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## What U.S. Economic Recovery? Five Destructive Myths

 Quote by Ivan Seeking The goal is to stimulate consumer spending - the heart of any recovery. Increased consumer spending in turns creates new jobs. And that ten dollars per week almost all goes to consumer spending.
That's something that goes all but un-noticed in the political wrangling. Consumer spending is by far the biggest driver of our economy. Giving tax-breaks for specific industries, or bailing out parts of our national economy have nowhere near the immediacy or the strength of the effect that putting extra dollars in consumers' pockets can have. Driving wealth toward the bottom tier of wage-earners would result in spending NOW because the least affluent of us tend to spend all their disposable income, and they tend to stimulate their local economies by doing so. The "Main Street" effects of local spending have been blunted somewhat by the invasion of the big-box stores into rural and suburban America, but consumer spending is still a powerful influence on local economies.

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 Quote by turbo That's something that goes all but un-noticed in the political wrangling. Consumer spending is by far the biggest driver of our economy. Giving tax-breaks for specific industries, or bailing out parts of our national economy have nowhere near the immediacy or the strength of the effect that putting extra dollars in consumers' pockets can have. Driving wealth toward the bottom tier of wage-earners would result in spending NOW because the least affluent of us tend to spend all their disposable income, and they tend to stimulate their local economies by doing so. The "Main Street" effects of local spending have been blunted somewhat by the invasion of the big-box stores into rural and suburban America, but consumer spending is still a powerful influence on local economies.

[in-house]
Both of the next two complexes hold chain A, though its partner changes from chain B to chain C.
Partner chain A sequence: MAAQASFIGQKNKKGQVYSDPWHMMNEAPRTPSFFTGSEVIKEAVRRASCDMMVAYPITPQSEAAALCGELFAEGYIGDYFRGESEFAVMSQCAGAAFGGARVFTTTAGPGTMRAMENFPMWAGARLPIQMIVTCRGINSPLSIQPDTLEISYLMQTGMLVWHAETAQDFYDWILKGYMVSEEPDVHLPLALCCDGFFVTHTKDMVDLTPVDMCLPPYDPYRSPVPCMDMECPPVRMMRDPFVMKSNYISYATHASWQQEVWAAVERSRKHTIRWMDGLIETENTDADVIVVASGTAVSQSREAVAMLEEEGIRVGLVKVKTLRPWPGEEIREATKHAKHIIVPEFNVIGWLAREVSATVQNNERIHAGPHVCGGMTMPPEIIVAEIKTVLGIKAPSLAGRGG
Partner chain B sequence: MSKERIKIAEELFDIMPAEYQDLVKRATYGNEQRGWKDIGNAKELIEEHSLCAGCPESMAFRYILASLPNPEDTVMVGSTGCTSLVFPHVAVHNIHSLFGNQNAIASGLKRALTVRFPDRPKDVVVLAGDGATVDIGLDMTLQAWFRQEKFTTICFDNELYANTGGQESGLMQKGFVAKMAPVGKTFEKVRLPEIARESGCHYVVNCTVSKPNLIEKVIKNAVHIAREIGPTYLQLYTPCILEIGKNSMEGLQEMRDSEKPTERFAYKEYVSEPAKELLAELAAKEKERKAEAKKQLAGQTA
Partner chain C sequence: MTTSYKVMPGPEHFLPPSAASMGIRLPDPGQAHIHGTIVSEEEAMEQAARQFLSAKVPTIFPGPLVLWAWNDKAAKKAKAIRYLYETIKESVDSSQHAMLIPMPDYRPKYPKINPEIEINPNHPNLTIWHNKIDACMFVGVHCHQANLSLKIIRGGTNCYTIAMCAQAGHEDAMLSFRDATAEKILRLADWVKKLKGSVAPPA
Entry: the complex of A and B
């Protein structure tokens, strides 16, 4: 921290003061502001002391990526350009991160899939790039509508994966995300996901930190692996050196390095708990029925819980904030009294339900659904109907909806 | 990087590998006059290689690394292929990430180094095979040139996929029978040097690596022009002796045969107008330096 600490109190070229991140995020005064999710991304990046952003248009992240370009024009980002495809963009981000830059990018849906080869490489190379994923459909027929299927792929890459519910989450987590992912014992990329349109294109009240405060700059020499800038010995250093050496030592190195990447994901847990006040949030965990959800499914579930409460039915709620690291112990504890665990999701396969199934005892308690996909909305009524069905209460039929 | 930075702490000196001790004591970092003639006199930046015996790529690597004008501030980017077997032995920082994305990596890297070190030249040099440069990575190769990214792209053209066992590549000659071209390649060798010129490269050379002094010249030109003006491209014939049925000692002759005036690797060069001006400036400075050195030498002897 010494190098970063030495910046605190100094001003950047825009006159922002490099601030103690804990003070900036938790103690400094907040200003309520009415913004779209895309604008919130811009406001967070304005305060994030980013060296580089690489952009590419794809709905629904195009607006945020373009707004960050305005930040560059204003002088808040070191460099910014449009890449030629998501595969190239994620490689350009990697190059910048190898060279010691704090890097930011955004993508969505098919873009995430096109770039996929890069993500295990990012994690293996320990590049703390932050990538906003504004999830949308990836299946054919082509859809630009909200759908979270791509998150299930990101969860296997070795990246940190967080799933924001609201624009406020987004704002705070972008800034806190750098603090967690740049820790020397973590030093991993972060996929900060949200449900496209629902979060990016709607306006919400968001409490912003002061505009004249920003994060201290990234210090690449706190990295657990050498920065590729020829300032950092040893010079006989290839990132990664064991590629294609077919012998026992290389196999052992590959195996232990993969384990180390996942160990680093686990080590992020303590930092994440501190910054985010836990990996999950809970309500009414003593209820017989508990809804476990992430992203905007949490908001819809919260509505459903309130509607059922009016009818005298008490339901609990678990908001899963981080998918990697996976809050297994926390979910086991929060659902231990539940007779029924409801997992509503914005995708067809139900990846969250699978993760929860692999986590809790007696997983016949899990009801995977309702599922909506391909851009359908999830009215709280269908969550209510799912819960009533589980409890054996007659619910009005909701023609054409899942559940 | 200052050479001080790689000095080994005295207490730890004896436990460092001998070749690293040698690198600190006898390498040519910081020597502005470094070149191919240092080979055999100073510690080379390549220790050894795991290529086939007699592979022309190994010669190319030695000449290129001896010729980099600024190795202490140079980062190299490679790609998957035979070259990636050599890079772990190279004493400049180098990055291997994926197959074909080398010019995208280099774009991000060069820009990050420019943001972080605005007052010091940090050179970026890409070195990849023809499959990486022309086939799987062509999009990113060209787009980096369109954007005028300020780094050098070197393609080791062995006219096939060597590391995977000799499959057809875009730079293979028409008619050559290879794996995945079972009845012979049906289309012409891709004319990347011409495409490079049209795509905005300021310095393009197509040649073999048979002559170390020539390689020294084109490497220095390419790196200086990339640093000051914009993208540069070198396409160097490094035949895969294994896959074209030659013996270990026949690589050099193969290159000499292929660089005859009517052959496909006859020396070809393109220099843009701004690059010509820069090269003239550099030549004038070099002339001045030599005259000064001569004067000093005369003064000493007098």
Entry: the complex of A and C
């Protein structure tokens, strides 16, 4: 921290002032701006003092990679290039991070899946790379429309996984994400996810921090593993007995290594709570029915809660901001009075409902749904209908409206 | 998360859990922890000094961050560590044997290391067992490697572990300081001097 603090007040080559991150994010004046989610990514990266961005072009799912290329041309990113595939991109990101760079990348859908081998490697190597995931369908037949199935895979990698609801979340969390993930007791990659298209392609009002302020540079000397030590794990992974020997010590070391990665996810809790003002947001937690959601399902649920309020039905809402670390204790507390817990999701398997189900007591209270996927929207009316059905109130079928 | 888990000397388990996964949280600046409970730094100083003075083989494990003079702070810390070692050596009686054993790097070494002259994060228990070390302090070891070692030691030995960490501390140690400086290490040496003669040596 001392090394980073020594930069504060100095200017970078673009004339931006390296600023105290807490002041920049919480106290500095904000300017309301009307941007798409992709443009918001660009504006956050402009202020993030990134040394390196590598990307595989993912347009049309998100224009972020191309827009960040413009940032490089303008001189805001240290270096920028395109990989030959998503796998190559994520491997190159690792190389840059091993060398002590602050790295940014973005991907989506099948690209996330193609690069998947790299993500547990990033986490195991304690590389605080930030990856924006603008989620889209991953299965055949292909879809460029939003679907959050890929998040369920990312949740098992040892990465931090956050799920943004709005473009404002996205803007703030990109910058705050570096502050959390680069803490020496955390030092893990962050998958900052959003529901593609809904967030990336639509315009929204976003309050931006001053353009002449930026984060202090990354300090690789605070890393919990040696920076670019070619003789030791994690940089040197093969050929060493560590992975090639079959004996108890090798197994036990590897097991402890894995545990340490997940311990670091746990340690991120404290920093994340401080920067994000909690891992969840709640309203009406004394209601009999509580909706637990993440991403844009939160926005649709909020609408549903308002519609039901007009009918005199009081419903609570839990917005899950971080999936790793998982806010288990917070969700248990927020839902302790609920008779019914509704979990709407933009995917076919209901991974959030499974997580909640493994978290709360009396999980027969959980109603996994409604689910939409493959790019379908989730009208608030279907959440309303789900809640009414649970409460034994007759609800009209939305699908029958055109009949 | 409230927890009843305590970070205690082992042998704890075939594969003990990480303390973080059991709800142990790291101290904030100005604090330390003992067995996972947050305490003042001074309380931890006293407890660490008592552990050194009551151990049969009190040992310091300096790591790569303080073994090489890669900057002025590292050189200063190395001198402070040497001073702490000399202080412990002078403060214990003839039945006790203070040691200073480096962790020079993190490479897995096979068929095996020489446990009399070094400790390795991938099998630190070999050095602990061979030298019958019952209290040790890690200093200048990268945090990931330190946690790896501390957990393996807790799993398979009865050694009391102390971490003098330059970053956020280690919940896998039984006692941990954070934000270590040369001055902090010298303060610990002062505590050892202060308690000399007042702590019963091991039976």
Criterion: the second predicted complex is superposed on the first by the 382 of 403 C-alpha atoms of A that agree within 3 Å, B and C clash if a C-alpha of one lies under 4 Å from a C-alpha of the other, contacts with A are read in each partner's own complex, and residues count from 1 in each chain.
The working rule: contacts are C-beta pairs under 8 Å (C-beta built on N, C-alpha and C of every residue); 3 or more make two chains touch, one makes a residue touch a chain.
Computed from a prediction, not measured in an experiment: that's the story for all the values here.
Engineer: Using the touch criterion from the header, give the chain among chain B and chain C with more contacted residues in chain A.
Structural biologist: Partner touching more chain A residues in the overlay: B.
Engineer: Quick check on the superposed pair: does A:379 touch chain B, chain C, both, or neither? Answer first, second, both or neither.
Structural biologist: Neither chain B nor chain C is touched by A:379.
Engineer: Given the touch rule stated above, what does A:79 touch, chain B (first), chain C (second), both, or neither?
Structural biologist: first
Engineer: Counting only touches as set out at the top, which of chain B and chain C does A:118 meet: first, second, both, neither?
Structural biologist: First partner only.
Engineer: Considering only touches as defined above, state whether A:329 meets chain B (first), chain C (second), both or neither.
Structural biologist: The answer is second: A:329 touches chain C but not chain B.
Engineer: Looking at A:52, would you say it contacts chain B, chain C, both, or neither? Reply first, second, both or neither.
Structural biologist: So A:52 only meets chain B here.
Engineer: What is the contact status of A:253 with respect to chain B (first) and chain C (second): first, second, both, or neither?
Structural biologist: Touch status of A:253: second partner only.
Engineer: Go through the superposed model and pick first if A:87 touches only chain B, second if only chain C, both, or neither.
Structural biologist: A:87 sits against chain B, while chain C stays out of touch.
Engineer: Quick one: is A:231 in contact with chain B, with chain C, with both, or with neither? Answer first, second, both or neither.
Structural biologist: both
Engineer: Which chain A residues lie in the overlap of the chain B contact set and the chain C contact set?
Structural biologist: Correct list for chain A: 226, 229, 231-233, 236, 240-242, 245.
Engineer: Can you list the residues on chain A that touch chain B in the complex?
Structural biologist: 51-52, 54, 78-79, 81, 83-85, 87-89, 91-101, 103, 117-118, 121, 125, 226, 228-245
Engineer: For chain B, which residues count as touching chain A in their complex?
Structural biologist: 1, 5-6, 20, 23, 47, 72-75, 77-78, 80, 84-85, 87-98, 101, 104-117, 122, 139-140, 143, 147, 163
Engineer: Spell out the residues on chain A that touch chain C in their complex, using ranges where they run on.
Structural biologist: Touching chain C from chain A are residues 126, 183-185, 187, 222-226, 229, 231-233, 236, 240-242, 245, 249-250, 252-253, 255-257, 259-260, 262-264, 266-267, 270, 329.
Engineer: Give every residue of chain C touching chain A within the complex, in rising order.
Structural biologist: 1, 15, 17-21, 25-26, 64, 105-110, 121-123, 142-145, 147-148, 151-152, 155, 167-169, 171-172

Yes, and part of the key is to keep the benefit small enough [small but over a large population] that it gets spent, instead of being saved or used to pay debt. This helps to maximize the bang for every buck.

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 Quote by Guardian's Elliot ... There is strong ideological resistance to the policies that make decent wages in a full employment economy feasible: capital controls, allowing strong trade unions, wage subsidies, and protectionism...
I'm curious as to which vetted economic theory states protectionism is the path to full employment.

 Quote by Ivan Seeking Yes, and part of the key is to keep the benefit small enough [small but over a large population] that it gets spent, instead of being saved or used to pay debt. This helps to maximize the bang for every buck.
Well I guess you're happy with the $10 (approximate) benefit size (small) and it certainly does get spent - not saved or reinvested as capital. As for the$10 spent on fuel that allows another $10 to be spent elsewhere - if fuel prices were lower (and the extra$10 wasn't being sent offshore) the $20 could be spent elsewhere. Recognitions: Gold Member 5 retirement tactics in a low-interest-rate world  The yield on the 10-year U.S. Treasury note is about 2%, or one-half its yield in February. The yield on the two-year note is 0.22%, about two-thirds its yield at the beginning of 2011. Meanwhile, inflation has risen 3.63% over the 12 months ending July 2011. Let’s put this in perspective. If in February you had a$500,000 portfolio of 10-year U.S. Treasury notes throwing off $20,000 in income to fund your living expenses, and for some reason you had to reinvest all that money in the 10-year notes being issued today, your portfolio would generate only$10,000 in interest income. Meanwhile, the cost of goods and services that your $20,000 in interest income once paid for has now risen to$20,600.